“Loyalist Trails” 2004-20 November 6, 2004

In this issue:
Fall Gazette
Christmas Social: Sir Guy Carleton Branch
Errors for Historians
Genealogy Seminars/Displays: Vancouver Branch
Lost Burial Sites
      + Proper Uniform
      + Delmar Valleau
      + Who qualified as Loyalists


Fall Gazette

The Fall 2004 issue of the Gazette was sent from the mailing house to Canada Post on Wed. Nov. 3. I spoke with Past President Myrna Fox today and she received her copy on Friday. Remember that, as we send the Gazette in bulk, it may get hung up in various places, so you may not get your copy for a couple of weeks.

Christmas Social – Sir Guy Carleton Branch

The Christmas Social will be held at Rideau Park United Church, 2203 Alta Vista Drive, Ottawa, on Nov. 18th, from 5:30 pm. Special guest The Hon. Peter Milliken has said he could attend from 5:30 to 6:15 pm.

Guest Speaker: Doug Grant, President of the UELAC speaking on “Loyalists from Coast to Coast”

Turkey Dinner at 6:15 pm, provided by the United Church Women. Buy Christmas Presents from the many Loyalist items

of Glassware, luggage, and clothing. Door Prizes.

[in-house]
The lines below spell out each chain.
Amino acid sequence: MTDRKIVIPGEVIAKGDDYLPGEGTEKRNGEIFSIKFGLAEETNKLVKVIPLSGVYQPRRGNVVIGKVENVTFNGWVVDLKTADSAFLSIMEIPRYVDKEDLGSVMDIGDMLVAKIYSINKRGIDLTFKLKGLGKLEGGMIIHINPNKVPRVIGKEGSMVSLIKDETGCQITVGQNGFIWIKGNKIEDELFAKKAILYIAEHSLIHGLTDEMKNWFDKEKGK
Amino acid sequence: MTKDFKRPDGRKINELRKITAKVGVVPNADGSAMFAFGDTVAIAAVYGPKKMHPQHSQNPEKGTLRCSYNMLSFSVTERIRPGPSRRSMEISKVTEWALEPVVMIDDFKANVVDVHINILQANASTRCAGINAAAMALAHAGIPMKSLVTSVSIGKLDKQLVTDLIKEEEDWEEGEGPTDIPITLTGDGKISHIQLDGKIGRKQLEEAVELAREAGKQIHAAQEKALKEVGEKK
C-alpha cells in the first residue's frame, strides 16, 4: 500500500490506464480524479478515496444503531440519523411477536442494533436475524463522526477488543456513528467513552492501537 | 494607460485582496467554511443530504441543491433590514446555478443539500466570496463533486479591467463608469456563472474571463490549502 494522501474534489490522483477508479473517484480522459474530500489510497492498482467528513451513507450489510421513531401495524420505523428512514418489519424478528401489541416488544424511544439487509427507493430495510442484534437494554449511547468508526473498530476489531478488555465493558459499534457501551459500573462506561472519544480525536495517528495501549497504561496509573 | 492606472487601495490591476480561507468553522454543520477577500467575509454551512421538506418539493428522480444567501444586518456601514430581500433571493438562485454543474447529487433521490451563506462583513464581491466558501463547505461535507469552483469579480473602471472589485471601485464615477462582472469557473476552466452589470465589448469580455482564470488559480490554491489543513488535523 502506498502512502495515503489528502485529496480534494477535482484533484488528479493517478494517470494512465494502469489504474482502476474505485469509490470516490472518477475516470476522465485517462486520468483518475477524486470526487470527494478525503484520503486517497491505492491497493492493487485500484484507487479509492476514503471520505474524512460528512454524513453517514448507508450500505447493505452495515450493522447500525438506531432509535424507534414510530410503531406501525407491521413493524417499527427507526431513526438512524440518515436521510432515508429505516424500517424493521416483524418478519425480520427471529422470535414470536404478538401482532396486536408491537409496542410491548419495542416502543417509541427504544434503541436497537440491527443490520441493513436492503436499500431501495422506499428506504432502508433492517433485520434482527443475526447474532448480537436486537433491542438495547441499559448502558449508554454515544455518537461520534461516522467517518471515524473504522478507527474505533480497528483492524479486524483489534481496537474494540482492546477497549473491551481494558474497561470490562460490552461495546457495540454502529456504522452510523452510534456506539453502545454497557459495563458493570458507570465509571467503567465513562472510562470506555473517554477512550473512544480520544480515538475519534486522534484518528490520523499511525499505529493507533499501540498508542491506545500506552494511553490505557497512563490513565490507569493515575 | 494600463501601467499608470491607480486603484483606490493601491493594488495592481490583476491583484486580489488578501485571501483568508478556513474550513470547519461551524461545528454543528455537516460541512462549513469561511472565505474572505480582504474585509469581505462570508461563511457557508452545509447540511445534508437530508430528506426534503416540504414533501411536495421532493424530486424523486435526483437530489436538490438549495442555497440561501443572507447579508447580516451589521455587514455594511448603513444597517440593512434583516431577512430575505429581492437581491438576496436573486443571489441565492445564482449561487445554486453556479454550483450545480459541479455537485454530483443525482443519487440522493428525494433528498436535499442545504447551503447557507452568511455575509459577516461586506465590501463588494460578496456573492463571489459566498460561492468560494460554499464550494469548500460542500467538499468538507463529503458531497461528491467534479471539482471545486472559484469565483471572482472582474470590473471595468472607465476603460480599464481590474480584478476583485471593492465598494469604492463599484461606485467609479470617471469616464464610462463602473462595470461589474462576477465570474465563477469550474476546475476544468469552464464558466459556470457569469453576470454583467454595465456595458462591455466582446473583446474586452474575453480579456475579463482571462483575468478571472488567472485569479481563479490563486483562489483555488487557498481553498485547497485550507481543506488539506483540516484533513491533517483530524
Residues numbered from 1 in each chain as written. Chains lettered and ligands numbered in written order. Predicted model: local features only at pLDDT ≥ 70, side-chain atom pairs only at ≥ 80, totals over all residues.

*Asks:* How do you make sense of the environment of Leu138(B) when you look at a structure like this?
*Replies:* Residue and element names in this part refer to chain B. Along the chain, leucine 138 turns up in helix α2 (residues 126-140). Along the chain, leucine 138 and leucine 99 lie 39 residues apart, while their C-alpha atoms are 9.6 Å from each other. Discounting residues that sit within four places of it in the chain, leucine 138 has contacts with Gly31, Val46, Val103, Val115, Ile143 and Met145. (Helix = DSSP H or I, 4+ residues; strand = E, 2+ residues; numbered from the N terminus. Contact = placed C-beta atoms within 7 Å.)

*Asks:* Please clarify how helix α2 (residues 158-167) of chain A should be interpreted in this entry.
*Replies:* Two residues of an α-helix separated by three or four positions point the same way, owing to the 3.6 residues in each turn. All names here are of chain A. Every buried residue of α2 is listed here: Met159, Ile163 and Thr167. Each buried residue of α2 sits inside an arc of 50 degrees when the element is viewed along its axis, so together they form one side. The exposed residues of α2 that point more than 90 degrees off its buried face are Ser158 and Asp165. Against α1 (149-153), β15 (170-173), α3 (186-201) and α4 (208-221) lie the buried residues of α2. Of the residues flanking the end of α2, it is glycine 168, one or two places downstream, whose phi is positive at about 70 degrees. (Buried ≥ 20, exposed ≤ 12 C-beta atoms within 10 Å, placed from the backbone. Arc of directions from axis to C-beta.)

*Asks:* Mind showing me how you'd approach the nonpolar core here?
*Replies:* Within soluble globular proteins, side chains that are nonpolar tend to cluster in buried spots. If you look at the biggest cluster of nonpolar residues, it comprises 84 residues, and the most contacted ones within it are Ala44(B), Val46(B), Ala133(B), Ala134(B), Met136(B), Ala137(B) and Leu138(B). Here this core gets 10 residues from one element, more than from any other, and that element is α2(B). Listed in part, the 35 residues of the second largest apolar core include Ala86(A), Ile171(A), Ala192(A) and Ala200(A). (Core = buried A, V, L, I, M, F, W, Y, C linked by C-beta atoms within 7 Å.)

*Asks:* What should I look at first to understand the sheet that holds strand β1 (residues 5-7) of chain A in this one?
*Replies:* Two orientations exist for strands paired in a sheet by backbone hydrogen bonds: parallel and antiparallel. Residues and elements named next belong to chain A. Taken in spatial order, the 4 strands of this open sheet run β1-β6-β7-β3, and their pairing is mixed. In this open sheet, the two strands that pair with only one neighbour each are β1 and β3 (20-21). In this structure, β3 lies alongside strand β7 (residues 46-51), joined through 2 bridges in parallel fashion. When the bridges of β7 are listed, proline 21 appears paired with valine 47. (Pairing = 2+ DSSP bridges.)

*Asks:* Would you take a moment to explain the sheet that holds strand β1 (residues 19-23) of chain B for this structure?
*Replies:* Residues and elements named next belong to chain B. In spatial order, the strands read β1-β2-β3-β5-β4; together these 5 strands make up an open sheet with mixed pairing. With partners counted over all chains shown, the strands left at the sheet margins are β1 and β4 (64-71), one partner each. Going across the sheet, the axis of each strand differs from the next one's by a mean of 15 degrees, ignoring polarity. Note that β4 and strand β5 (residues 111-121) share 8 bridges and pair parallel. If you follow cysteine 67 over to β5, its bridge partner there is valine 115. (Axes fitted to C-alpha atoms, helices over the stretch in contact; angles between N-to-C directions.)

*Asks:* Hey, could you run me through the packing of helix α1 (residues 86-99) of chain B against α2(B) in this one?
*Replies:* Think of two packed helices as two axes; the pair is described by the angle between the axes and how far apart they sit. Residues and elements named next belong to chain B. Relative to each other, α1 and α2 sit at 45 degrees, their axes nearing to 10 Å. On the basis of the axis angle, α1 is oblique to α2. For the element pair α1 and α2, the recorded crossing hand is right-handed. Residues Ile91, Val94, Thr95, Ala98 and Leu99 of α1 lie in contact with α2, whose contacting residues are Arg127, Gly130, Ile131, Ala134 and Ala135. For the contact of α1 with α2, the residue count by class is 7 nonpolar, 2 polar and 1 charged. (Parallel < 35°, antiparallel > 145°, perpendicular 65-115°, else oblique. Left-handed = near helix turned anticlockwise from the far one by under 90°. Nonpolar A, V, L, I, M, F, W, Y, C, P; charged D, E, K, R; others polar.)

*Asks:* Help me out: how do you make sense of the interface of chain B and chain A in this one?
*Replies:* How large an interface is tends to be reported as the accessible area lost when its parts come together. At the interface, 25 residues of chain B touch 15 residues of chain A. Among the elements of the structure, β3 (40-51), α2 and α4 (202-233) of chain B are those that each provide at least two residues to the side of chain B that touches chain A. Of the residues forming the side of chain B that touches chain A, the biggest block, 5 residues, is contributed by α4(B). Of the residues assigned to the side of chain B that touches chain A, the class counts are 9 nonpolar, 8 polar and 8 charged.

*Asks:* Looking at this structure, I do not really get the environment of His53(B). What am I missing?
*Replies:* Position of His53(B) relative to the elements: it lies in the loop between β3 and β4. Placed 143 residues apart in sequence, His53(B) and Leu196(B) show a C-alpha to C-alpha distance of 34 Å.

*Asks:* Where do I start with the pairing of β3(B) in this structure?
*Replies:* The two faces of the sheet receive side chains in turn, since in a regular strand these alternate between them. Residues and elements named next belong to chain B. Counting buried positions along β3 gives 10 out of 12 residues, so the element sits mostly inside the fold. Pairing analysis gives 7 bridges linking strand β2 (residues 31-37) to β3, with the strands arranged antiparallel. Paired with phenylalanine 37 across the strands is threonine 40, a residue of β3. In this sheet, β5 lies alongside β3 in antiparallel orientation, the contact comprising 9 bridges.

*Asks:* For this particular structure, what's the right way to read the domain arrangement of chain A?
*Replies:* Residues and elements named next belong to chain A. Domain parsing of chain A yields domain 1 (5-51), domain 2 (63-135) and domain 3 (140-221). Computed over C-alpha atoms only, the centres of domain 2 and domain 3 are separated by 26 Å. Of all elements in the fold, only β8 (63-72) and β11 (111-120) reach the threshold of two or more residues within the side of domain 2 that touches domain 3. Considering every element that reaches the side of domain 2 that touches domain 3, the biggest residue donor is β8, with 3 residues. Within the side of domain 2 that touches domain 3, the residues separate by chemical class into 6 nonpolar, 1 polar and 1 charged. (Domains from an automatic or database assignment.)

Tickets at $20 available by phoning 726-674 or emailing {sylvia_powers AT hotmail DOT com}

Errors for Historians

Just for clarification, in the Sir John Johnson branch announcement regarding Sir Colpoys Johnson being the official guest at the Colours Ceremony at Fort York June past referred to the regiment as “The King’s Royal Rangers.” The KRR NY was never referred to during the war as a ranger operation, which is an entirely different classification of military duty as opposed to line infantry.

…Gavin Watt

I am most embarrassed to see that I erred in the name of the King’s Royal Regiment of New York. I know the proper title and I gave it the proper wording in our 2004 Fall Newsletter. Gavin, my most sincere apologies to you and to the KRRNY

…Myrtle Johnson

The item in the last issue about the Archives used this quote “Of all of our Nations assets, Archives are the most precious. They are the gift of one generation to another, and the extent of our care of them marks the extent of our civilization.” It was attributed to Arthur Douglas, Dominion of Canada Archivist (1904-1935), but the name should have been Sir Arthur Doughty.